Société des Missions Africaines –Province d'irlande

FLEMING Patrick né le 31 juillet 1904 à Gorlough
dans le diocèse de Tuam, Irlande
membre de la SMA le 7 juillet 1926
prêtre le 8 juin 1930
décédé le 31 mai 1984

1930-1947 missionnaire au Nigeria, collège d’Igburo
1947-1967 Savannah, Géorgie, USA, 
en paroisse et animation missionnaire
1967-1976 Grand Rapids, Michigan, aumônier d’hôpital
1976-1984 Tenafly, retiré

décédé à Englewood, USA, le 31 mai 1984,
à l'âge de 80 ans

Father Patrick Joseph FLEMING (1904 - 1984)

Patrick Fleming was born at Gorlough, Taugheen, Claremorris, Co Mayo, Ireland, in the archdiocese of Tuam, on July 31, l904.
He died at Englewood hospital, Englewood, New Jersey, USA, on Ascension Day, May 31, l984.

Patrick (Pat) was one of four children. He attended primary school in the local system at Taugheen. (1909-1918) and received his secondary education in the colleges of the Society. He studied at the Sacred Heart College, Ballinafad, Co Mayo (l920 l92l) and St. Joseph's college, Wilton, Cork, before coming to the novitiate and house of philosophy at Kilcolgan, Co Galway, in the autumn of l924. He received his theological formation in the Society's major seminary, at Dromantine, Co Down. Pat was admitted as a member of the Society on July 7, 1926 and was ordained a priest by Bishop Edward Mulhern of Dromore diocese, in St. Colman's cathedral, Newry, on 8 June 1930. He was one of a group of ten ordained on that day.

After ordination Pat was appointed the Vicariate of Western Nigeria, the first mission in Nigeria confided to the Irish Province, when Thomas Broderick was nominated Vicar Apostolic in 1918. Pat reached Nigeria in October l930, taking up an appointment at Benin City mission, where William Lumley was superior. At that time there were 250 Catholics and 60 catechumens in Benin City and its six outstations. There was also a large school to be supervised, with 16 teachers and 600 pupils. After four months with Fr. Lumley, during which he was introduced to the missionary life and studied the local language, Pat was assigned to Onitsha-Olona mission. This was one of the older stations in the Vicariate, founded in 1906. It had a large number of outstations. Pat spent two years in charge at Onitsha-Olona. Then, after a further four months in Benin City, he was transferred to Ukoni (near Uromi). A few letters written by Pat to the Provincial (Stephen Harrington) survive in the archives of the Irish Province. One of them, written in December 1933, captures Pat's unique sense of humor: 'You see by the above address that I have got another transfer. The language is now my big difficulty. I hope it isn't blasphemy to wish that God had more patience at the "Tower of Babel"... You will be interested to know that the famous Ukoni cathedral still exists. I believe it is the only church in Nigeria where I say Mass with real fervor because I am always afraid it will fall before I'm finished'.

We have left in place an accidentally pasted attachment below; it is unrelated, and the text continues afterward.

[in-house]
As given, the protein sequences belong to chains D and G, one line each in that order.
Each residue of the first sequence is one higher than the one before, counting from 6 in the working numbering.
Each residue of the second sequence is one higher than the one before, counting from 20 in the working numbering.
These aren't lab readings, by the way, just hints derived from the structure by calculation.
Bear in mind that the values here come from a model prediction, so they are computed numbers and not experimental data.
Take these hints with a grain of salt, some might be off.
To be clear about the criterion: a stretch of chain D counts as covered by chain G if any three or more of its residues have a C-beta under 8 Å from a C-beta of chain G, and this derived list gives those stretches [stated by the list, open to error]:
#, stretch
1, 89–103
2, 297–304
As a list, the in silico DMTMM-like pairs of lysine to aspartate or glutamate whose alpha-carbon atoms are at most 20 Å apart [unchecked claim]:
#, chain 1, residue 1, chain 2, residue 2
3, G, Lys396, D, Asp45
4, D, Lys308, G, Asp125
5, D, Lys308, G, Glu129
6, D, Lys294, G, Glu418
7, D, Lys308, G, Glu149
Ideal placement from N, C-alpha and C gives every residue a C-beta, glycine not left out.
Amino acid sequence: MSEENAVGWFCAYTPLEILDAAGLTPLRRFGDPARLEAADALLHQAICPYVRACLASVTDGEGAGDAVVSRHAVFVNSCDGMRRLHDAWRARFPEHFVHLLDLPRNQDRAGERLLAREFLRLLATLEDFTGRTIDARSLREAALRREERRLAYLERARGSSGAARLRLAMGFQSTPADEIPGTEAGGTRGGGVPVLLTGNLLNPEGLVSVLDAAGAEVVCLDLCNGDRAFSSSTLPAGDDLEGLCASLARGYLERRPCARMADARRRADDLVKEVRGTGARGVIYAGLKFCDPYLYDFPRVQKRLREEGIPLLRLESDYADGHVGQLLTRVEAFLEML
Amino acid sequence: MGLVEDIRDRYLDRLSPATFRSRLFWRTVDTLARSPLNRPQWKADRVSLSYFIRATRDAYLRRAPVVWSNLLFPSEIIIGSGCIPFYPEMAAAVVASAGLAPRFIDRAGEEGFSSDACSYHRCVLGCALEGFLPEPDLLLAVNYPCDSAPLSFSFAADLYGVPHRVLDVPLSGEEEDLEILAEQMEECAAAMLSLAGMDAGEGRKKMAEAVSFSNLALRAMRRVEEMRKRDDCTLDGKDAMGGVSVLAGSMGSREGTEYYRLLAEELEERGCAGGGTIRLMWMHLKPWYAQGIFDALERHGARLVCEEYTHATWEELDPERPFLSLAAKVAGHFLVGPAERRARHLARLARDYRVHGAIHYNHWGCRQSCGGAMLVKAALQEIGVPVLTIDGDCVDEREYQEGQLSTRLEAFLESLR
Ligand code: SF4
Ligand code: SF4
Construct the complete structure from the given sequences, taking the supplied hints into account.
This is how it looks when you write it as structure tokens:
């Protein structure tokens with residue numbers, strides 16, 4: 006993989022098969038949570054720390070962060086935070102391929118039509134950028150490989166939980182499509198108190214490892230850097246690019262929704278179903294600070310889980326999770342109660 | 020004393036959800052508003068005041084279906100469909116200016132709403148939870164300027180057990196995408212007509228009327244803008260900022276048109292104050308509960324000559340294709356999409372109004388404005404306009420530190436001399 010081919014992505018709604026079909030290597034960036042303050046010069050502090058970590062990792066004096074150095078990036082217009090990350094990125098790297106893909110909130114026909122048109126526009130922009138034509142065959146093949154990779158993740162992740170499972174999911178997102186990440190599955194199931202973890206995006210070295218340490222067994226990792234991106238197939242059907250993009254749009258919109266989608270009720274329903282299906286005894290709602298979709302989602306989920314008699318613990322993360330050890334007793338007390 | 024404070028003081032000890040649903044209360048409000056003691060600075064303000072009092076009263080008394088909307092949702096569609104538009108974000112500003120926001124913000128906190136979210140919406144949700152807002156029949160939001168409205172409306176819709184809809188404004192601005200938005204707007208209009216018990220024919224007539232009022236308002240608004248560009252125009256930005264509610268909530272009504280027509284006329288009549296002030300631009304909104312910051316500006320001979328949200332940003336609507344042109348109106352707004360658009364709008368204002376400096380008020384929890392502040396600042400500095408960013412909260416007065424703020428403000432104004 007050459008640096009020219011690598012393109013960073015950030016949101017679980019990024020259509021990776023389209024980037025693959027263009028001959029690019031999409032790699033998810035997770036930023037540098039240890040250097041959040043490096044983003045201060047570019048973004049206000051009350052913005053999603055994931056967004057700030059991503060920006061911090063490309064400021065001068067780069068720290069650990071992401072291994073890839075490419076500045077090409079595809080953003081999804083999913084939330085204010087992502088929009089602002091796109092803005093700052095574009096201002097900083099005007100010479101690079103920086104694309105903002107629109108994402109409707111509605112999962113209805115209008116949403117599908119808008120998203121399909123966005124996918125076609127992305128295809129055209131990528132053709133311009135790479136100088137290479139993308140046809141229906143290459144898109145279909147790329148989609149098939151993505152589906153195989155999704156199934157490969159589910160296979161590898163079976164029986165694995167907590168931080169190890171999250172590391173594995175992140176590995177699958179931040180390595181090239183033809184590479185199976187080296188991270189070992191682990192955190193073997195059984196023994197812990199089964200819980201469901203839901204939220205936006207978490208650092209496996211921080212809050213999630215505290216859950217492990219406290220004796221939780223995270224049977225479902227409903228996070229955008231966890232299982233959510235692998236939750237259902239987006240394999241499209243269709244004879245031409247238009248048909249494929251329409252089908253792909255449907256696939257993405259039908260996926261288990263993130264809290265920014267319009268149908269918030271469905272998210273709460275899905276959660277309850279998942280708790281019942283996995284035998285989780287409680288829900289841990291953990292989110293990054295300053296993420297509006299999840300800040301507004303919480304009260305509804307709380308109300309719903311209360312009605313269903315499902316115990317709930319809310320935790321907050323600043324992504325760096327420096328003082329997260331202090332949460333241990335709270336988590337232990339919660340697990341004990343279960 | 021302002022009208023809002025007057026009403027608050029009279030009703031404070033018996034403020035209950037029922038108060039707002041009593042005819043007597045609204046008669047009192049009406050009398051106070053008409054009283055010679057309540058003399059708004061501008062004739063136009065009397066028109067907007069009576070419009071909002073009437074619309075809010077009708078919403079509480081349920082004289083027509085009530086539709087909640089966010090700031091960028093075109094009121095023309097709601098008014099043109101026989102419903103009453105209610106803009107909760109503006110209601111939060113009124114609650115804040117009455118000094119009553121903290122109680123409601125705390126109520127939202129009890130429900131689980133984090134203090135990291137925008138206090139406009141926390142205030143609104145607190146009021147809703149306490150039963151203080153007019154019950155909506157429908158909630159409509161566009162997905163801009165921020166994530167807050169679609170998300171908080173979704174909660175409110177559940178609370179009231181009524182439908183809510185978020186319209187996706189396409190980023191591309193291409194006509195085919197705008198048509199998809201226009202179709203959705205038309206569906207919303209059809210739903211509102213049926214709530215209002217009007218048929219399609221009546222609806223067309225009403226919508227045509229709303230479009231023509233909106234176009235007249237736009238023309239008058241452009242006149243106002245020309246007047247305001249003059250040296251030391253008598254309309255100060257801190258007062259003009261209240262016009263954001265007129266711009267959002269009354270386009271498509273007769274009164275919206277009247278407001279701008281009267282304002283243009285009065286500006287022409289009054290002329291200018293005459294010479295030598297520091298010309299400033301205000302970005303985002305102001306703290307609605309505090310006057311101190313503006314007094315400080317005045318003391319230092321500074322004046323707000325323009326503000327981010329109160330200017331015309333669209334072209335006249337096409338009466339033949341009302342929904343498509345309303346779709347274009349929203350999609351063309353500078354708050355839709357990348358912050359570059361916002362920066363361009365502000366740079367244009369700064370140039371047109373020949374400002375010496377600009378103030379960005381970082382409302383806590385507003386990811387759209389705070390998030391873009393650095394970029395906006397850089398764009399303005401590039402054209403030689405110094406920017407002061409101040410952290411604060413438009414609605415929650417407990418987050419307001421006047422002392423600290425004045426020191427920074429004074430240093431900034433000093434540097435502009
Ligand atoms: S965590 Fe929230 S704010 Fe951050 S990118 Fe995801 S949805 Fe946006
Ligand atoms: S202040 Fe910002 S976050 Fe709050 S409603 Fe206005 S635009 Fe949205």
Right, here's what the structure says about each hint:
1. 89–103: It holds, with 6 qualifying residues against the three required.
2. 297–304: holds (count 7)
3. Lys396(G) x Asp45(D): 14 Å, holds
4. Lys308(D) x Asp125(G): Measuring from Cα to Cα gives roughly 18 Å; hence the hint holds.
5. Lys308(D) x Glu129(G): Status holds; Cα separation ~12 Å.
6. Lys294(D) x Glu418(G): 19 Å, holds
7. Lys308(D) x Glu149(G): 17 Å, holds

Pat went to Ireland on his first home leave in January 1935. On his return to Nigeria a year later, he was posted to Oka mission. The principal station of Oka-Odo had been founded in 1917 under the patronage of St. Patrick. In May 1938 Pat was appointed to the staff of St. Thomas' teacher training college, Ibusa, the first such college founded in western Nigeria, which opened its doors in 1928. Pat joined a staff led by Joe Donaghy and which included Joseph Barrett. This important institution, which supplied the vicariate's ever-increasing need for elementary school teachers, had some 60 students in training.